Originally Posted by Boof
I am particularly interested in clearances received in flight, such as altitude assignments. For example if a pilot mis-hears an assignment to climb to FL 310, reads back FL330, and the controller does not reply. Nor does the controller say "clearance readback correct". The pilot then climbs to 330 and is busted.

The controller would be required to challenge the incorrect readback, would he not? If he did not, then the crew can hardly be busted, in fact I'd say "drop on your head, play the tape, I read back FL310 and you should have corrected it". That's what a closed-loop communication procedure is all about.

PA-28-180 7th Aug 2013 05:46

" In the UK etc when a clearance is read back the controller is obliged to listen and report to the pilot that the clearance readback is correct. Is this true in the US? I have not seen anything to say so, and always assumed that reading back the clearance gave the controller the chance to correct errors, but that the controller was not legally obliged to do so. It is unusual for a US controller to tell me that I was "correct". "

In the U.S., for a ground delivered IFR clearance anyway.....they always say "readback correct", or give corrections if needed.

Daily Dalaman Dave 7th Aug 2013 08:36

Boofhead,

If I read your post correctly then I think you are a little confused. UK ATC do not reply with "readback correct" for anything other than giving the initial clearance on the ground, this is the same the world over. If they said it after every in-flight clearance nobody would get a word in on a busy frequency. :ok:

Eclan 7th Aug 2013 09:12

In fact that's not correct and there are many places where a readback of a readback is commonplace. Indians, for example, for some cultural reason fly around needing the readback readback and ending their own readbacks with, "...confirm?"

I wouldn't go using the JFK/China exchange as an example of anything other than disgraceful controlling. So bad the poster has taken it down from youtube I believe. The same New Yorker would be hopelessly lost in Peking, wandering the streets asking for a hot dog and not knowing a single word of the local lingo, unlike the Chinaman he blasted on the radio.

Sadly, the Canucks are indistinguishable from the yanks, I'm afraid. Comes from being on the same airwaves presumably. Bad RT and folksy, yokel terminology spreads on VHF exactly like a virus and you now have Indians "checkin' in, on handover" and pilots from the 'stans with their squawk codes "...comin' down" or in some cases even "... comin' up." Even ATC catch it with middle-east controllers requesting pilots to "...say your altitude" instead of "report." Every second pilot around the world is beginning a readback with, "...Okay understand."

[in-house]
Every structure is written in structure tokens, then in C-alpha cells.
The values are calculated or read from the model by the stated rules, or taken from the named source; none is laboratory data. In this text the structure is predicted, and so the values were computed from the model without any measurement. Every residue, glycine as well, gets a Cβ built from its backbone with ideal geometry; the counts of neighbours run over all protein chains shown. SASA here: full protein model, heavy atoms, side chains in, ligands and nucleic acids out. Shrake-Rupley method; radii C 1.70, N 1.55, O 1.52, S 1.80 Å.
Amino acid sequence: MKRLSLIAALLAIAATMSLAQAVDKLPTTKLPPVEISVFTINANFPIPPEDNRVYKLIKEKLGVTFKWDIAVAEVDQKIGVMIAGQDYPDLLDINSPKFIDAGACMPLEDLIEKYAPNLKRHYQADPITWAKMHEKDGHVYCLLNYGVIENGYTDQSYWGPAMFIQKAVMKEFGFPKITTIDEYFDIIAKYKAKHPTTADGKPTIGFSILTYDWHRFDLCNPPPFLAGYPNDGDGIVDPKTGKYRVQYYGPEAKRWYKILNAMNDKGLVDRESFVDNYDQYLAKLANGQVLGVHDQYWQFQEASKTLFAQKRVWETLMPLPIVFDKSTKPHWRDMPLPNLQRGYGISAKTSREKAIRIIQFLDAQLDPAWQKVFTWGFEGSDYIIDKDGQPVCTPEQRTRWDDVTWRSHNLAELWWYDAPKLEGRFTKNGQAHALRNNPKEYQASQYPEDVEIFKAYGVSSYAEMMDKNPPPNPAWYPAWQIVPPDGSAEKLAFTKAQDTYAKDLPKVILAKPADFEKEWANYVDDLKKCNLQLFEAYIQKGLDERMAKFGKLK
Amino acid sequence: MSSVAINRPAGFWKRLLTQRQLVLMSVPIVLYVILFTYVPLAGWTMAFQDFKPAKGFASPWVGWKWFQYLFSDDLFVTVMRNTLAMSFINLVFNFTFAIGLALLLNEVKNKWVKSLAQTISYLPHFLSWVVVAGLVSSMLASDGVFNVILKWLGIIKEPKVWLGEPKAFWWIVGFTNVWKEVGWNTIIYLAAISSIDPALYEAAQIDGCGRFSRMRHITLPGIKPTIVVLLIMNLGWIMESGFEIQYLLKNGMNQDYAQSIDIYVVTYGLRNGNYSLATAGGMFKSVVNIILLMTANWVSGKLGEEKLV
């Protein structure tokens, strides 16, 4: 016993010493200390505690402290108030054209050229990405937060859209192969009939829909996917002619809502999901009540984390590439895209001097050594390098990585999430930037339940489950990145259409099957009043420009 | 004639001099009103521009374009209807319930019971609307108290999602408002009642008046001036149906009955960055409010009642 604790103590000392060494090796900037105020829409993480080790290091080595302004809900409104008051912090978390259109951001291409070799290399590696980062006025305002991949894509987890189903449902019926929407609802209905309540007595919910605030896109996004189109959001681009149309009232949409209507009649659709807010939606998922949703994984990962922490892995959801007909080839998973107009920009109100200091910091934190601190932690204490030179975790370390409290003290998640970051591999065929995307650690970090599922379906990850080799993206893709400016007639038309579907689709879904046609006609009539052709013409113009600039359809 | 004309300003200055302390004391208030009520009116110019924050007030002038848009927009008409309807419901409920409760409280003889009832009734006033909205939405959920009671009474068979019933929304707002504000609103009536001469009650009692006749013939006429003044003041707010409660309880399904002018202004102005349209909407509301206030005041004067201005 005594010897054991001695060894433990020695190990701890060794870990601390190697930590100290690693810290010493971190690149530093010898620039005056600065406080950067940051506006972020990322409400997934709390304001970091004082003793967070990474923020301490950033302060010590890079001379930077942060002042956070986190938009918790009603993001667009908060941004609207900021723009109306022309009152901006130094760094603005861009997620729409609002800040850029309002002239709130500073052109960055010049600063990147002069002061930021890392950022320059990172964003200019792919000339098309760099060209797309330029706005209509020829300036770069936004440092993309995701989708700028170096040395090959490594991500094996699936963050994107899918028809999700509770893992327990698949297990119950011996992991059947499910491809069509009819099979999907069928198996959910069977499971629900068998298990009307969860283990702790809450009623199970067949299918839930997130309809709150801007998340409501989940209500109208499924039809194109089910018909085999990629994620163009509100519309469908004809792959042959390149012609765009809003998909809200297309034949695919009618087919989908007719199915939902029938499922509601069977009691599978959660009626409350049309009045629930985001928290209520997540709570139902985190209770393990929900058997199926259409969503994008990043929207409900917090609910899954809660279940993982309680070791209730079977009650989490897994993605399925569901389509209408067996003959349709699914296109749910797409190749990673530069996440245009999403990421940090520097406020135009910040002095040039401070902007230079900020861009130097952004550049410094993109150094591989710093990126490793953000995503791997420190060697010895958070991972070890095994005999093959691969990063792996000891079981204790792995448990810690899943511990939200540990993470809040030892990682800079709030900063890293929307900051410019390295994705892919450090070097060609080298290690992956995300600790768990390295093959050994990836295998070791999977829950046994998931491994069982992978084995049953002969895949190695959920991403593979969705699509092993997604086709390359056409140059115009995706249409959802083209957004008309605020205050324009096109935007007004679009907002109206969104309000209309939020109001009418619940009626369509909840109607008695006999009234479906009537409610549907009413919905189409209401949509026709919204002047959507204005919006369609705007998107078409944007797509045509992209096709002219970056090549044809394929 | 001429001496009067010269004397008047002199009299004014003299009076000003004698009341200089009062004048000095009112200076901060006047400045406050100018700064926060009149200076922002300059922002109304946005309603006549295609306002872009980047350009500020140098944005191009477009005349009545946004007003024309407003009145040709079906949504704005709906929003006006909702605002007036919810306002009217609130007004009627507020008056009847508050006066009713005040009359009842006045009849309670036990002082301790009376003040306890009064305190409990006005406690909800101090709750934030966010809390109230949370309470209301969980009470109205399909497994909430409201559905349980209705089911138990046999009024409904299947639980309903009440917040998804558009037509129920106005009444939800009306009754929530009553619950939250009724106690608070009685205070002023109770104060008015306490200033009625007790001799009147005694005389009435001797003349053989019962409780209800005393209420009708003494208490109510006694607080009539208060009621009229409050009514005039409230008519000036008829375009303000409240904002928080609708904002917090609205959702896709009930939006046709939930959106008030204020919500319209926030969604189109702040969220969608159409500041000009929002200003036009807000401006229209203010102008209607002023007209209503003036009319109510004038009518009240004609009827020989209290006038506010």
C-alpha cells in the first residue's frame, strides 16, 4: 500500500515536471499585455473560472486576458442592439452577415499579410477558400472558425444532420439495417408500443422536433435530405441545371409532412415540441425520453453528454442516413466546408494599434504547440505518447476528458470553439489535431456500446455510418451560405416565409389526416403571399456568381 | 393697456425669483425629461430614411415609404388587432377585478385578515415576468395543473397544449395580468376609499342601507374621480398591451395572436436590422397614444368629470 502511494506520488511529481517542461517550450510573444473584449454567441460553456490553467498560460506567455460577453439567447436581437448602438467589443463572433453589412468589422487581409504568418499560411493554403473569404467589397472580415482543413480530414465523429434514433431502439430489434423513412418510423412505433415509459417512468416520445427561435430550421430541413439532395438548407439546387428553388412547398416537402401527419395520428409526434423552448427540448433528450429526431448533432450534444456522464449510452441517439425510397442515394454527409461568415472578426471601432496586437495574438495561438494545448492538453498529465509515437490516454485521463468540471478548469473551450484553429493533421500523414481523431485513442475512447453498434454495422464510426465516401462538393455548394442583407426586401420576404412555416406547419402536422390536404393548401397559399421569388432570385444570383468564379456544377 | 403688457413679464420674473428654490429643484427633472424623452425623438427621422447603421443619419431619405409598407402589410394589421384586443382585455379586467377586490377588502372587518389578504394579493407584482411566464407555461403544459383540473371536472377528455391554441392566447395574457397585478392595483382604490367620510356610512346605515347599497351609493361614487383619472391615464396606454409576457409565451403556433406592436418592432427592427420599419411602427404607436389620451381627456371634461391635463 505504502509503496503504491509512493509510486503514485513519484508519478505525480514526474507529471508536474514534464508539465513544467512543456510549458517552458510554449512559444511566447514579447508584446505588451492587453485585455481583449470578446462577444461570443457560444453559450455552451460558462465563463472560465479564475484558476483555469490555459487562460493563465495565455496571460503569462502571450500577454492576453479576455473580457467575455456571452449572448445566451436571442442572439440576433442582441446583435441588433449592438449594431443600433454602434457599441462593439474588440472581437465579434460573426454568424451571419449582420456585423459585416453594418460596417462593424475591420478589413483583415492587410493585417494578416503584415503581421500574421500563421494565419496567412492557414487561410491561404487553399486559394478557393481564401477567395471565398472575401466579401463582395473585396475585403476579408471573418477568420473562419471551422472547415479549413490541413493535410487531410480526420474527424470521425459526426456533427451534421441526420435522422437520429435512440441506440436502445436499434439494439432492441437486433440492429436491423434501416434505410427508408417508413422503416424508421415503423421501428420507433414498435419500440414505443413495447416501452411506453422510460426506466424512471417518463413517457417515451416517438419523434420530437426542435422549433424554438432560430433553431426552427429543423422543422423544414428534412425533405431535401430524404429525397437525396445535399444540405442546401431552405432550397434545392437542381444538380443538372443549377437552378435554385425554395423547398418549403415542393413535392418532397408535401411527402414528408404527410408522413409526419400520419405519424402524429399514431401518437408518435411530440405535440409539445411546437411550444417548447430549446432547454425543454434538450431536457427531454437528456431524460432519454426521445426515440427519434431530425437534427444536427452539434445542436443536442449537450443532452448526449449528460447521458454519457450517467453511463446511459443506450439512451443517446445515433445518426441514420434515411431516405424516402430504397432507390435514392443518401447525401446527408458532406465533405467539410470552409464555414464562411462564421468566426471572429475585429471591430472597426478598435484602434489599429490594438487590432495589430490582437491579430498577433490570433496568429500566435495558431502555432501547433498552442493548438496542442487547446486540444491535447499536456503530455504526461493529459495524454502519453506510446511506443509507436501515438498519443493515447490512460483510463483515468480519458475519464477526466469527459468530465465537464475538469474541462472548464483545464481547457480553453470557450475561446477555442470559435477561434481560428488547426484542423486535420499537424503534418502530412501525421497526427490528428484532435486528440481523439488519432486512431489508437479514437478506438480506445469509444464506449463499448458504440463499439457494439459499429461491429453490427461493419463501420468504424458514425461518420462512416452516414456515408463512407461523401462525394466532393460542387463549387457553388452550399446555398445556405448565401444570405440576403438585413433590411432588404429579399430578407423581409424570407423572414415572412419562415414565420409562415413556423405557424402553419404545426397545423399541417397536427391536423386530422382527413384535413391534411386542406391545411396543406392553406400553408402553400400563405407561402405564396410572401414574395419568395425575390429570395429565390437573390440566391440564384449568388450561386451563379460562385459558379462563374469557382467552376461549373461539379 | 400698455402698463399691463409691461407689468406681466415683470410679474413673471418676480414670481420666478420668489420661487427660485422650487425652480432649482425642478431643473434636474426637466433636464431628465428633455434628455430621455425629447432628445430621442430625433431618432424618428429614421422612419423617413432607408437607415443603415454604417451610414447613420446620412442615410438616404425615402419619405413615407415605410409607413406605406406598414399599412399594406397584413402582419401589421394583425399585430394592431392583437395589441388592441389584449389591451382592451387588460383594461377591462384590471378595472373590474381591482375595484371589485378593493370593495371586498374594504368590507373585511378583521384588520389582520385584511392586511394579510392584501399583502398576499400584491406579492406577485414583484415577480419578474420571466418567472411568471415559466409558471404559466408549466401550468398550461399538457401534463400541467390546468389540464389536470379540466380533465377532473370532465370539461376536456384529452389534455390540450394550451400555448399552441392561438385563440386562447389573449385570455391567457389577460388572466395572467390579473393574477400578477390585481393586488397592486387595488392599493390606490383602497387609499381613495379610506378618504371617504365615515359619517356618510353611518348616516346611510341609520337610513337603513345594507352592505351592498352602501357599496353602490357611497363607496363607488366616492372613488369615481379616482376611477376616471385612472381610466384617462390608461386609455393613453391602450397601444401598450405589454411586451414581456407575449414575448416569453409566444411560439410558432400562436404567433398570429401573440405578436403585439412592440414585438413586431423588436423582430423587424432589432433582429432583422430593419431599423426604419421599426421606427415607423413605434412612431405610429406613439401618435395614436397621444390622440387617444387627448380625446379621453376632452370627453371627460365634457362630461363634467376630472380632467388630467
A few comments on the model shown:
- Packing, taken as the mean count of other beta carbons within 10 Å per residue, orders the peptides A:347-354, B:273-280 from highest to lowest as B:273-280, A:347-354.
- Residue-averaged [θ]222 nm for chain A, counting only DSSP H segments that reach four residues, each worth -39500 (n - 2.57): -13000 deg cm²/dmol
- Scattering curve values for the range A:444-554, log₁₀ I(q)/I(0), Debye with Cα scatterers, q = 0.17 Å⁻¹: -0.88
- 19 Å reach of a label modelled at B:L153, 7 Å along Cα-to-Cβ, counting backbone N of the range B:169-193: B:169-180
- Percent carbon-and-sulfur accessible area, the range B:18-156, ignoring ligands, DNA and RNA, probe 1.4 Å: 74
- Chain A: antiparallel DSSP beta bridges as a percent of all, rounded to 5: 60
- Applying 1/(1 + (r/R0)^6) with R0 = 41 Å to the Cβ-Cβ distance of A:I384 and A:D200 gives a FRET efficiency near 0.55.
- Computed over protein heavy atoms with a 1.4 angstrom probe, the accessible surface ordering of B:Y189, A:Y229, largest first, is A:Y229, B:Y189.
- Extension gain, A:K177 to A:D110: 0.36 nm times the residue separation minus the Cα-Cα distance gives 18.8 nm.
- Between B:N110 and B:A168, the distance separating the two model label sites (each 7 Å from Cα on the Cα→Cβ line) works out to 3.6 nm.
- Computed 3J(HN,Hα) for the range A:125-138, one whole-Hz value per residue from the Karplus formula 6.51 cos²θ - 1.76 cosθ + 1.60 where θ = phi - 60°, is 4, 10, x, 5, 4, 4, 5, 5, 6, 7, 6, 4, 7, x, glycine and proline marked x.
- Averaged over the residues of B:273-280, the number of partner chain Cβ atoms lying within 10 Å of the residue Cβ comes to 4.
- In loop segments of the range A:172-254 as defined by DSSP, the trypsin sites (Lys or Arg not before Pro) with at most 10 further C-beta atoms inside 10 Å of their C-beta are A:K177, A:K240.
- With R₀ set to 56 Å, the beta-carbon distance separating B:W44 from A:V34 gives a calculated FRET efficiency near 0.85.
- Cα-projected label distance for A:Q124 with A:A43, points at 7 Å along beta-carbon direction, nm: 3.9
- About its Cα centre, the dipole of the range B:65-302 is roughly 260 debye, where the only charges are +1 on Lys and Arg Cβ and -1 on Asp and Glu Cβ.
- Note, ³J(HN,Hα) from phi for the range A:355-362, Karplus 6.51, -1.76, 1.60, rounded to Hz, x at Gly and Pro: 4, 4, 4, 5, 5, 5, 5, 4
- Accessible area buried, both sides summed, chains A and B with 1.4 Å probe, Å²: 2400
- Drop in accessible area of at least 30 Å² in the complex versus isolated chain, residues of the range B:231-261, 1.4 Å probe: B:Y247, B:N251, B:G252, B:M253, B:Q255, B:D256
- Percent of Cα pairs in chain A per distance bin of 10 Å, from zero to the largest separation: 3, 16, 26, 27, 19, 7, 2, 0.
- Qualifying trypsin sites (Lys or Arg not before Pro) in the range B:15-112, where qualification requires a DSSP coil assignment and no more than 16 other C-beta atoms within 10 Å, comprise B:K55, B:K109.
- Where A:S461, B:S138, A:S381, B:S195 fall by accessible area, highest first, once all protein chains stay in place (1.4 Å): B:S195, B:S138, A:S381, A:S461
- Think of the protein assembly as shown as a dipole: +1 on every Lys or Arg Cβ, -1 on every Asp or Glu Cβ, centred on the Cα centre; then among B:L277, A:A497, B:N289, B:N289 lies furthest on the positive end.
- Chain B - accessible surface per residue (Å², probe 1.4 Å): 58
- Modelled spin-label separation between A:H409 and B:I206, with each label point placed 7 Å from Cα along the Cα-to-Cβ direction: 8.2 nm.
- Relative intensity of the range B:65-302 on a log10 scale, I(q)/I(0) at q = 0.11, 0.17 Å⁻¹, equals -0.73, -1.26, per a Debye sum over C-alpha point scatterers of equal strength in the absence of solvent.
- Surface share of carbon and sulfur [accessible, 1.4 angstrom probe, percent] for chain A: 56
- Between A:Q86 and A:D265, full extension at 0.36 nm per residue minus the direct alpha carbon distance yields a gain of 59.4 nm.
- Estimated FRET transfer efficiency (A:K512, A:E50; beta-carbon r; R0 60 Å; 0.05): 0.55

The Brits aren't much better with "fully" this and that which has crept in. You're either ready or not. Established or not.

It's not hard; stop making excuses. There's a book, just read it.

Uplinker 7th Aug 2013 09:24

Confirming correct read backs is very distracting I find, (apart from initial clearances).

Going into parts of the Caribbean, the controllers always come back and say "correct" (or sometimes even "callsign correct") about 3 seconds after you have correctly read back!

This is very distracting, because supposing they have just cleared you to 'descend flight level 250'; you read that back, then the pilot flying starts to say in the cockpit; "Mach descent, flight level 250......" as s/he is making the appropriate selections. Then; halfway through, the controller 'interrupts' to say "correct", or "callsign correct". Both pilots then have to stop what they were saying and doing and listen to this 'new clearance'. When this is finished, they then have to go back and make the SOP calls for the descent again to make sure they are doing the right thing. Drives me mad every time!

jxk 7th Aug 2013 18:46

The reason the phonetic codes were changed and agreed was presumably so that there would be no ambiguity and less confusion between all nationalities and dialects this is also presumably the reason that a standard phraseology was determined by the ICAO.

Romeo Roger?

DozyWannabe 7th Aug 2013 20:50


Originally Posted by West Coast (Post 7977162)
I'm sure Sully's RT wasn't the greatest that day..

Apropos of nothing, his comms on that day seemed right on the button based on what I've read. Additionally, check the ATC tape of his last departure from Ft. Lauderdale on his retirement day:


Departure controller is gushing away (as well he may), but Sully himself keeps his transmissions terse and to the point because he's a pro and knows that the frequency needs to be as clear as possible.

flyboyike 8th Aug 2013 01:30


Originally Posted by Eclan

I wouldn't go using the JFK/China exchange as an example of anything other than disgraceful controlling.

What's disgraceful is entrusting half a thousand lives to a guy who can't tell a statement from a question.